George's Random Astronomical Object

Object 103: PSR B1509-58

Podcast release date: 24 July 2023

Right ascension: 15:13:55.5

Declination: -59:08:09

Epoch: J2000

Constellation: Circinus

Corresponding Earth location: An Area of the Pacific Ocean slightly less than 1600 km north of Mount Siple off the coast of Antarctica

This episode's coordinates point to a location in the constellation Circinus, another southern hemisphere constellation created by eighteenth century professional astronomer and professional weirdo Nicolas Louis de Lacaille [1]. I could spend more time mocking this constellation, but I think the best thing to do is to read the description of this constellation from Ian Ridpath's Star Tales [1]: "An insignificant constellation representing a pair of dividing compasses as used by geometers, draughtsmen, and navigators for drawing circles and measuring distances; they are also known as dividers." Naturally, the constellation doesn't look anything like this.

Anyhow, the specific object that this episode's coordinates point to is PSR B1509-58. The PSR in the name of this object stand for pulsar. The digits are the coordinates of the pulsar but in the 1950 coordinate system (and the coordinate system is typically designated with a B). This is why the digits in the object's name don't quite match up with the coordinates from the random number generator.

Anyway, PSR B1509-58 is a pulsar. A pulsar is a type of rapidly-rotating neutron star, which is the inert core of a very large star that has exploded as a supernova. These stars usually have masses about a couple times the mass of the Sun, and that mass is compressed into spheres with diameters of about 20 km. As indicated by their name, neutron stars are made mostly out of neutrons; the gravity is so strong in these objects that the eletrons and protons have been forced to merge together, which changes them into neutrons.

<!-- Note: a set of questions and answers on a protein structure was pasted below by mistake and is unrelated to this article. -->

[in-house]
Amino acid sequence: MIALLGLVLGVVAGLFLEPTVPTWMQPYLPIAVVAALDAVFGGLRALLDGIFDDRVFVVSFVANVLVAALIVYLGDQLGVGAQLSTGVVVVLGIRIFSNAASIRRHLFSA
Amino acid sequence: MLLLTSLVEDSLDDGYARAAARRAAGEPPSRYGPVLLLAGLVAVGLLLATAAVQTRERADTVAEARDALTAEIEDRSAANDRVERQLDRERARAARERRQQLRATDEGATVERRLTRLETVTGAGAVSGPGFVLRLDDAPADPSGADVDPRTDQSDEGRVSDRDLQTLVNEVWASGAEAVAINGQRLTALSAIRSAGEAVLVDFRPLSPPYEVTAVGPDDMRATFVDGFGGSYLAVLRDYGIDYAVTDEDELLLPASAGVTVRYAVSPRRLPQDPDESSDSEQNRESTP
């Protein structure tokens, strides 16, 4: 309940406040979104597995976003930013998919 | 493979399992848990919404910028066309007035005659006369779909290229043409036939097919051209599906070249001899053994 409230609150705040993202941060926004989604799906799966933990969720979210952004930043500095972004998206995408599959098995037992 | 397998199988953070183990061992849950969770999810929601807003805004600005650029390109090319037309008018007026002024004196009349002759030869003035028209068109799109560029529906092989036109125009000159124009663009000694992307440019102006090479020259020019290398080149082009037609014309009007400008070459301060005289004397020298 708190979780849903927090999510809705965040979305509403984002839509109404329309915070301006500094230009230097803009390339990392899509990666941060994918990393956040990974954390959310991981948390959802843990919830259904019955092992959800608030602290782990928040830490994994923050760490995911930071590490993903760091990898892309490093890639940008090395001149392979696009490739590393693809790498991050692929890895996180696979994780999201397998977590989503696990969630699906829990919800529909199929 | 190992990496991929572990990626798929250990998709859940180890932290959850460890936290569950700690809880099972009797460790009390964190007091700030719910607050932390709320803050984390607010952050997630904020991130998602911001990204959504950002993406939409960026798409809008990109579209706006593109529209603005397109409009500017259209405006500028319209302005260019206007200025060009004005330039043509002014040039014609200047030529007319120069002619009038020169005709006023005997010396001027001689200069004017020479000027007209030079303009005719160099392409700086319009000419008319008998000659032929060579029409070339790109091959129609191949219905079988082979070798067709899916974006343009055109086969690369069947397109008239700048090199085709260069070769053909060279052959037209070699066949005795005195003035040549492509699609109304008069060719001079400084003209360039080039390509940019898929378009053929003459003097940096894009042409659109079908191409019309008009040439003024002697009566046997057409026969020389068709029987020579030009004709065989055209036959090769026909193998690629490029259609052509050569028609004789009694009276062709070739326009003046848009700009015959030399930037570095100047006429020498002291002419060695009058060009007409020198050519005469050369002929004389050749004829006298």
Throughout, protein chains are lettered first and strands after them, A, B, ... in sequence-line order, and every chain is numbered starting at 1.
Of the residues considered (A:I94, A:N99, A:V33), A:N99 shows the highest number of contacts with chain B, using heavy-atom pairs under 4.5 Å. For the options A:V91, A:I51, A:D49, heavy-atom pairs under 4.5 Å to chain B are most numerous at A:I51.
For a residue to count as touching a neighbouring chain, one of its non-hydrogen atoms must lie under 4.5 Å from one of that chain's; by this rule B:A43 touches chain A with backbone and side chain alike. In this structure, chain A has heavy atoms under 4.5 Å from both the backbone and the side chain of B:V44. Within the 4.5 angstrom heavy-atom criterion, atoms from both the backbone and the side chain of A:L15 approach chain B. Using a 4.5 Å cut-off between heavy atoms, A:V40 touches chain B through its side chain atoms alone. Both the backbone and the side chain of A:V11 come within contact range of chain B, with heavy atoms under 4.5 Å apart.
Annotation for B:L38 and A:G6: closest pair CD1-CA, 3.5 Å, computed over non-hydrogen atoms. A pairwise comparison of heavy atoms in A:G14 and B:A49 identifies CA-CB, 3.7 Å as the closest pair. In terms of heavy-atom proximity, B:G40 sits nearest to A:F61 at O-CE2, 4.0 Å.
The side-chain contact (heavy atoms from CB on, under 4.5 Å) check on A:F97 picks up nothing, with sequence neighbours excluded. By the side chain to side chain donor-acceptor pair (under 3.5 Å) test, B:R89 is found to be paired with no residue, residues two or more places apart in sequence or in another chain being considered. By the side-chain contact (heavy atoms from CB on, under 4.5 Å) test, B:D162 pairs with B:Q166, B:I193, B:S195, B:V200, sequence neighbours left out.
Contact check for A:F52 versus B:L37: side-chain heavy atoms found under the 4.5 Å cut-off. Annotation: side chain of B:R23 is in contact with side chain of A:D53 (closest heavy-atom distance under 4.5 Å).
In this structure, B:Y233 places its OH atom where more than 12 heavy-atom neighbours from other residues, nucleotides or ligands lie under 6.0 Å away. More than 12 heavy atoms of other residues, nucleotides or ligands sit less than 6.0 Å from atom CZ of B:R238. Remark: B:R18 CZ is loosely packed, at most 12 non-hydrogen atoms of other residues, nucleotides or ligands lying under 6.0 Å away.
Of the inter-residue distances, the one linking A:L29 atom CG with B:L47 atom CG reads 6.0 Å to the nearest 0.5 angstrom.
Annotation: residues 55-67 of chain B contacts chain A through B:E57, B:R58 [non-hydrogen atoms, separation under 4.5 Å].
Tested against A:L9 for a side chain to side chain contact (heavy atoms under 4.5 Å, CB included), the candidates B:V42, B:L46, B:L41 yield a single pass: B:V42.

For reference, PSR B1509-58 has a rotational period of 150 milliseconds, or, in other words, it rotates about 6.67 times a second [2, 3]. That seems fast, but the Milky Way contains a lot of pulsars that rotate more quickly than this, so it isn't that fast. Still, I thought that was a cool statistic worth mentioning. Also, the distance to the pulsar, because everyone wants to know the distance to everything, is about 17000 light years (5.2 kpc) [4]. It's not that close but not that far either.

The first thing that I thought was really interesting about this pulsar is that, while many other pulsars have been discovered in radio surveys of the sky, PSR B1509-58 is one of the fewer pulsars that have been discovered in an X-ray survey. The object was originally identified in 1982 by people working with the Einstein Observatory, the first X-ray telescope that was capable of making astronomical images [2], but radio observations soon afterwards confirmed that the object is indeed a pulsar [3].